With a unique stance in which he loads his front knee to his back and waits to uncoil into contact, Hendrick proved to be on time as he showed an innate ability to find the barrel, evidence by his stat line at the end of the day. The biggest thing that stands out with Hendrick’s swing is just how fast his hands truly are and the amount of whip he generates with the barrel through the zone. While most of his contact came to the pull side (he even beat an extreme defensive shift) he’s shown the ability to work the opposite field in the past and as he continues to generate leverage in his swing, it’s only a matter of time until he’s leaving the yard with regularity.

Also showing a strong left arm earlier in the tournament as he was up to 87 mph on the mound, Hendrick has the ingredients to play right field at the next level and finished the tournament hitting .727 as he went 16-for-22 with ten singles, four doubles, and two triples.

Already committed to Vanderbilt, Nelson Berkwich (2020, Boca Raton, Fla.) has established himself as having some of the better feel on the mound already in the class of 2020 and his seven innings this tournament agree with just one walk as opposed to his 13 strikeouts. While he wasn’t as sharp against the East Coast Sox as he was earlier in the tournament, he still impressed with a quick left arm that helped run his fastball up to 88 mph early in the contest. Working from a high three-quarters slot the young lefthander is able to generate solid plane and angle when on top of the ball and occasionally cut the ball when locating glove side. His slider was a go-to offering and he showed no hesitation doubling up on the pitch or going to it in any count. Berkwich ran the pitch up to 76 mph with late biting life down in the zone and it proved to be a strong offering against righthanded hitters.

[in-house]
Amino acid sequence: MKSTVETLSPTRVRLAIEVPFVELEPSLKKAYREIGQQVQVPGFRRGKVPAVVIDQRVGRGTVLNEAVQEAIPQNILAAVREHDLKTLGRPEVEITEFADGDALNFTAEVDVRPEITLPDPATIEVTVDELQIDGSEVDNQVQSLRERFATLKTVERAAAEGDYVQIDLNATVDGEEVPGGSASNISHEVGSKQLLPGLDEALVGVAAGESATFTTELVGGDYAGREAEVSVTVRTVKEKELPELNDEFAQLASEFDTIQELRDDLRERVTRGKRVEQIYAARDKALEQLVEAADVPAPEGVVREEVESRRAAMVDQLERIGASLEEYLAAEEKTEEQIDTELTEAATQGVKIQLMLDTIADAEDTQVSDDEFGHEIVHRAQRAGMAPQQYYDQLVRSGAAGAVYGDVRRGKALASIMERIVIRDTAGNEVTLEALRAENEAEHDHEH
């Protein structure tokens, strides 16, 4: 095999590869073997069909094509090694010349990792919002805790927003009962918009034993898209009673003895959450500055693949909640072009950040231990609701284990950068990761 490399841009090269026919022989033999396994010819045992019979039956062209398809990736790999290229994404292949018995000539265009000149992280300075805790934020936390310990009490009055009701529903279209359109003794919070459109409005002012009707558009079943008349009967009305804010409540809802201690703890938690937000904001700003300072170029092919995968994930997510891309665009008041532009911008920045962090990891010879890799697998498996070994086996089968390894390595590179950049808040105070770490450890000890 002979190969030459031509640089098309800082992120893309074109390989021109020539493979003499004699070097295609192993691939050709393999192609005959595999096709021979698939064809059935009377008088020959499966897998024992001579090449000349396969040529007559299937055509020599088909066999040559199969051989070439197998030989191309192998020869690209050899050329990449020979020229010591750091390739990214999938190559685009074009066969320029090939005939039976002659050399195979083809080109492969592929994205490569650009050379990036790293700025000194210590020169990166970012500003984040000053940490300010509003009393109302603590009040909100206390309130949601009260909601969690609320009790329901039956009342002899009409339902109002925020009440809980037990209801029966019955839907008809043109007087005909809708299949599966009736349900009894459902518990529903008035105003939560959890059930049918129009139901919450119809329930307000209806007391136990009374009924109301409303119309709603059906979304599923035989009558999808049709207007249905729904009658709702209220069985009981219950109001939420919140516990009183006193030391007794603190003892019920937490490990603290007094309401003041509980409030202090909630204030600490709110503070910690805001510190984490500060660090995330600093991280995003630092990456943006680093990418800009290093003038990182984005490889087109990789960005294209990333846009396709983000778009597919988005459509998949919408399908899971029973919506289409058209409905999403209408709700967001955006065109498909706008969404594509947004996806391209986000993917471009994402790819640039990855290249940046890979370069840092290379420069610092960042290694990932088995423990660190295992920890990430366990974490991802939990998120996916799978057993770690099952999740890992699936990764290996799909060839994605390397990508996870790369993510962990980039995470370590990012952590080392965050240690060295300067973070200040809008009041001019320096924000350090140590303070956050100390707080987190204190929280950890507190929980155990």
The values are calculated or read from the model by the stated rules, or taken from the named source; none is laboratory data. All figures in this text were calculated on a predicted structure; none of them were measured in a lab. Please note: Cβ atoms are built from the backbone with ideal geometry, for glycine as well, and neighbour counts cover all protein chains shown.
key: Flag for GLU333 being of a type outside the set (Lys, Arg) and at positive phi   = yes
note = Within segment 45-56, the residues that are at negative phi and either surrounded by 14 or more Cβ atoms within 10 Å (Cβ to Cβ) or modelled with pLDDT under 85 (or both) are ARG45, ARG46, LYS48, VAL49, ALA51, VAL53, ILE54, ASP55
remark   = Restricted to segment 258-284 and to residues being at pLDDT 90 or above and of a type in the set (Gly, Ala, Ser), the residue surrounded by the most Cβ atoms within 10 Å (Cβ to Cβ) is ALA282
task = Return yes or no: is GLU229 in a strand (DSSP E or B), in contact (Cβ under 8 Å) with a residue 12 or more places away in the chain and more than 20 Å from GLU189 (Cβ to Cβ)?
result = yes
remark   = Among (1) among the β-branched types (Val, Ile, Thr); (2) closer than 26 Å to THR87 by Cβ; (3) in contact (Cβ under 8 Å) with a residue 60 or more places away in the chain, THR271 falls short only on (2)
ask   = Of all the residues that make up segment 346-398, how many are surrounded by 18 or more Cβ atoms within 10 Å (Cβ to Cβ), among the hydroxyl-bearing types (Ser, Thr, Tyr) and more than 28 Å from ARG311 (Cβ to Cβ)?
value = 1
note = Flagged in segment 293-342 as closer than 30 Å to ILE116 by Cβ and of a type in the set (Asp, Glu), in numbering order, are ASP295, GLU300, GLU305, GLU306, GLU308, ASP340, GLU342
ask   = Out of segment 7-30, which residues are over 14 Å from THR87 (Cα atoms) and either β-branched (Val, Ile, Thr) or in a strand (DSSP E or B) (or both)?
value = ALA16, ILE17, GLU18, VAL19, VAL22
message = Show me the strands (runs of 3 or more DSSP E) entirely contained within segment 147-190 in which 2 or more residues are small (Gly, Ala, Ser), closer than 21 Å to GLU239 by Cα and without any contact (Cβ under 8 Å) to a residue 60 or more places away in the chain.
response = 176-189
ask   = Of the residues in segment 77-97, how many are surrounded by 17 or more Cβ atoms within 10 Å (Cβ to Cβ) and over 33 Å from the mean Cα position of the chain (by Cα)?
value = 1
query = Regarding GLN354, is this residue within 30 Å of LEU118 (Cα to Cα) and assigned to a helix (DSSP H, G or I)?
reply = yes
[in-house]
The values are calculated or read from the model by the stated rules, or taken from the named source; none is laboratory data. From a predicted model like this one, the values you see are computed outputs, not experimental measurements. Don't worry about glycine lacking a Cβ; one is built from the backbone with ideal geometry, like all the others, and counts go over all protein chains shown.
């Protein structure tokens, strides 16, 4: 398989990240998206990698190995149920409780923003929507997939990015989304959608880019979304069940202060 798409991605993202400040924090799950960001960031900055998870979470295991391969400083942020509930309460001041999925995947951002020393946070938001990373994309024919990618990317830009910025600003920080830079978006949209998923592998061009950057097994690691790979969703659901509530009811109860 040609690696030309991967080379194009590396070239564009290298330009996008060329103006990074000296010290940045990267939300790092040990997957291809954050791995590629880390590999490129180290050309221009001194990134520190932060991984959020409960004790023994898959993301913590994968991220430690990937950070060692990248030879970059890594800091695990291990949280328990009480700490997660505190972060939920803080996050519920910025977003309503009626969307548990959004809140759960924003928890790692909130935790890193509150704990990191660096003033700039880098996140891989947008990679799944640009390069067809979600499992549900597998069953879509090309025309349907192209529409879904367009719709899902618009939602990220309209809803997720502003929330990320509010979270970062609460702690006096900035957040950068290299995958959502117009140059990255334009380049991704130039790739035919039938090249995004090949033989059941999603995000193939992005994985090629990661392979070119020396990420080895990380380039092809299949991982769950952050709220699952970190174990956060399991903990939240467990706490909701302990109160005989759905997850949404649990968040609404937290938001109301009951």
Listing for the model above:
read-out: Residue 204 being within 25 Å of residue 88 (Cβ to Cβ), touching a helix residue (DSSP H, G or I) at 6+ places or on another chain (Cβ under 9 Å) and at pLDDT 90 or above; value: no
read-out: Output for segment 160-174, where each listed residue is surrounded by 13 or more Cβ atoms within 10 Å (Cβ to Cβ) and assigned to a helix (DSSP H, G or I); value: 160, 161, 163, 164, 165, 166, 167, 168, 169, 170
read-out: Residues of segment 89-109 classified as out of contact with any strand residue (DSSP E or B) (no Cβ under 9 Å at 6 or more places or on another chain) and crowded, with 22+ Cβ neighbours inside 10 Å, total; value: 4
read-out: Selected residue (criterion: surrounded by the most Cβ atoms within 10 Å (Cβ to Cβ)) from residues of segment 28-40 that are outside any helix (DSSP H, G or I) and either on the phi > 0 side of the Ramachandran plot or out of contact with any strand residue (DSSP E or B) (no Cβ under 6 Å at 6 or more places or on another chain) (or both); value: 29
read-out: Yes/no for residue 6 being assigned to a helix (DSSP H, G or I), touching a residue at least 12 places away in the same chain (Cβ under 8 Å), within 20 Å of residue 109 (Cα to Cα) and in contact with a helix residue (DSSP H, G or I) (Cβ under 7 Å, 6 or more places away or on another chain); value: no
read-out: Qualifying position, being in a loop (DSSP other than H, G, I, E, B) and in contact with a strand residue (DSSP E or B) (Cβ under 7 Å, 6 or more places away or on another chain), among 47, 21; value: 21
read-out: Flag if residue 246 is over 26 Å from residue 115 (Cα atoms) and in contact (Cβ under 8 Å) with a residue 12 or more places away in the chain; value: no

In what turned out to be a Team Elite Prime versus Team Elite Nation playoff matchup, righthander Alex McFarlane (2019, St. Thomas, VI) threw for Nation and impressed against the talented Prime lineup, keeping their big bats rather silent in his 3 1/3 innings of work. A top-flight athlete who has shown above average run times down the line, the 6-foot-2, 160-pound McFarlane ran his fastball up to 89 mph in this look multiple times and did so with a long, loose, and whippy arm action. He generates plenty of arm speed through the backside and showed the ability to create plane with life down in the strike zone. A difference maker for McFarlane in this look was his changeup, a pitch that has a chance to be an above average offering in the mid-70s with diving life, with which he mimics arm action and allows his fastball to play off it well.

In terms of pitchability and overall performance, lefthander Lucas Gordon (2020, Los Angeles, Calif.) ranks among the best in the tournament as he’s gone ten innings over two starts and has struck out 17 while issuing just two walks. Already committed to the Southern California, Gordon took the mound against the highly touted Banditos squad and went the distance, firing six strong innings to propel GBG into the semifinals. Just as he was in his first start, Gordon worked comfortably in the upper-80s early in the start, touching 90 mph, while showing a short and fast arm action with late running life to his heater. The life itself was enough to stay away from barrel, especially given his ability to locate to either side, and when you factor in the fact he maintained velocity, you start to see how he kept the talented bats at bay. His changeup is already a swing-and-miss pitch with late fading life in the 76-78 mph range and his command and feel are more than advanced as he’s able to throw it for strikes at will, regardless the count.